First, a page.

Selling a home is rarely as easy as imagined. Sometimes, things do not go as planned because the market isn’t cooperative. Other times, you wind up with a poor real estate agent who just isn’t performing up to standard. When that happens, what can you do?

Working with a real estate broker or agent outside of a contractual agreement offers an easy exit. You simply make a phone call and politely let the agent know you are done. That’s that. But if you signed a contract with the agent or broker, you signed a legally binding agreement. Getting out of that contract could prove difficult.

● Contracts Protect Both Parties

Salt Lake City’s CityHome Collective explains that contracts are designed protect all involved parties. Real estate brokers often require contracts as a means of legally determining the rights and responsibilities of broker, agent, and seller.

In most cases, canceling a contract is not the issue. At issue is language within the contract that stipulates one of two things:

  • Exclusivity – A typical seller’s agent contract contains language giving that agent the exclusive right to list the property for a certain amount of time. Six months is typical.
  • Sales Fees – Some seller’s agent contracts contain language stipulating that the agent or their brokerage is still legally entitled to a fee once the home sells.

The problem with both of the stipulations is that they lock the seller into that brokerage or agent for the duration of the contract. Even if the broker agrees to cancel, you still might not have the right to list your property with another broker until after the date your original contract would have expired. And during that time, you may still have to pay the original broker’s fee upon sale.

● Contact an Attorney for Help

The experts at CityHome Collective say the last thing you should do is call your broker and threaten action because you are unsatisfied with the agent’s performance. Threats tend to garner an equally hostile response. Instead, your best course of action is to ask that your home be reassigned to another agent.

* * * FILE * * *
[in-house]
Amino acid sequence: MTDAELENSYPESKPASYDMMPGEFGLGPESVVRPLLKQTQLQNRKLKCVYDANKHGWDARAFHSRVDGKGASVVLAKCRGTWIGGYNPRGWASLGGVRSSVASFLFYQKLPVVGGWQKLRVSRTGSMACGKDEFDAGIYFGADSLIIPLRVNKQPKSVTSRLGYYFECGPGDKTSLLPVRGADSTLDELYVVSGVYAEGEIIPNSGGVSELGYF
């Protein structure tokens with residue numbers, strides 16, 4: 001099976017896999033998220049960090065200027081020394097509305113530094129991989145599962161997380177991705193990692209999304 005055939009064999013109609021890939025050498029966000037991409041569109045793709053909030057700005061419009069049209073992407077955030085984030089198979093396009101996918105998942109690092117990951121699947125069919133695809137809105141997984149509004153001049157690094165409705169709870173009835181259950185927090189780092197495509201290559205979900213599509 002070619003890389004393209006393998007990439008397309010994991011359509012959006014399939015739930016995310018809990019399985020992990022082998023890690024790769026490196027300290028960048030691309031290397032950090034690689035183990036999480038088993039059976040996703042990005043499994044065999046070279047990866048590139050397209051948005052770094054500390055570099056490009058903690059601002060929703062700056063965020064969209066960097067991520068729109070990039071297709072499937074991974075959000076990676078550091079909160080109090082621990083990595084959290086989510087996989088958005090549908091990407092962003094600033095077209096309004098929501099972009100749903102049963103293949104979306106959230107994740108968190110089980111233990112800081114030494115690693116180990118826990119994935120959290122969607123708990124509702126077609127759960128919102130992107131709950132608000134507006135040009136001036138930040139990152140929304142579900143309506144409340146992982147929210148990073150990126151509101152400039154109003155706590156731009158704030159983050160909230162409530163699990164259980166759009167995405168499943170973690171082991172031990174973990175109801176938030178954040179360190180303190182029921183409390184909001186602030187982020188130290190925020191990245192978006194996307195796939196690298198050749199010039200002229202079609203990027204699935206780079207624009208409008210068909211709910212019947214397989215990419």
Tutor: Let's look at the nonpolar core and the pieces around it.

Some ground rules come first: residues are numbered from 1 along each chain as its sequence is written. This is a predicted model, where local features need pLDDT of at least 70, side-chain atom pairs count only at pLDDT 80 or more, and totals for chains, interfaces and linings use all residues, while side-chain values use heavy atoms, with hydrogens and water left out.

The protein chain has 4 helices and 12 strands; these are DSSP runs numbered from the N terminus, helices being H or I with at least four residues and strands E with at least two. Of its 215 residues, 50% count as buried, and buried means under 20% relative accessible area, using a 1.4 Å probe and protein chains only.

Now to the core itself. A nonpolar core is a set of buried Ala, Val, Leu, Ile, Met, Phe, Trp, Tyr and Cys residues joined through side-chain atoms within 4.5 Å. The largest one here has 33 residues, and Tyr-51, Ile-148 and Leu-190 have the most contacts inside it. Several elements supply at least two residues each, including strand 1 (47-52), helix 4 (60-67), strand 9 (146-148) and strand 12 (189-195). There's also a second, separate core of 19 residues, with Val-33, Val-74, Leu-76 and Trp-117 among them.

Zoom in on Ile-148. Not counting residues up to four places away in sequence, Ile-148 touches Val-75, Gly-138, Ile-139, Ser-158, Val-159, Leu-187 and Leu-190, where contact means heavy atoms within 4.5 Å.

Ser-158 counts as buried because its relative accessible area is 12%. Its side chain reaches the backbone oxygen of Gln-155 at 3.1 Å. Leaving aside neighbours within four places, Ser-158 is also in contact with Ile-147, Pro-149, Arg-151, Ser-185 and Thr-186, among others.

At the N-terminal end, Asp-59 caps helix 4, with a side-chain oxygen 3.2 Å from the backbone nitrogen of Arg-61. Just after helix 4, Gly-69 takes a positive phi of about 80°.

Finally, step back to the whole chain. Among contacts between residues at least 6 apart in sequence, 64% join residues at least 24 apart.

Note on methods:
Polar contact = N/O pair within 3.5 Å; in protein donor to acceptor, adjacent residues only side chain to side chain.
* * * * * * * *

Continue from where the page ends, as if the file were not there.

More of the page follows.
Should contacting the brokerage owner not resolve the situation, the only other alternative is to contact the lawyer. An experienced lawyer may be able to negotiate a way out of the contract that is amenable to both parties.

You will have a stronger case if you can demonstrate that, in failing to perform as expected, your agent or broker violated your contractor agreement. For instance, maybe the contract stipulated how your agent was to market your home. A failure to do so constitutes a breach of contract and is legal grounds for termination without penalty.

● Failing to Sell Is Insufficient

Note that simply failing to sell your house is insufficient cause for terminating a seller’s agent agreement. Your house might fail to sell for any number of reasons. If the agent markets your home, shows it on request, and takes reasonable steps to attract potential buyers, there isn’t much you can do.

Having said that, there is something you can do before you sign a contract. Seller’s agent contracts are not set in stone. There is no particular format they have to follow or language they have to contain. Consider adding language to the contract that stipulates conditions under which you might terminate the deal.

Selling a home is already difficult enough. It’s made worse when real estate brokers and agents don’t perform. But unless you head things off by modifying contract language before you sign, you may be out of luck.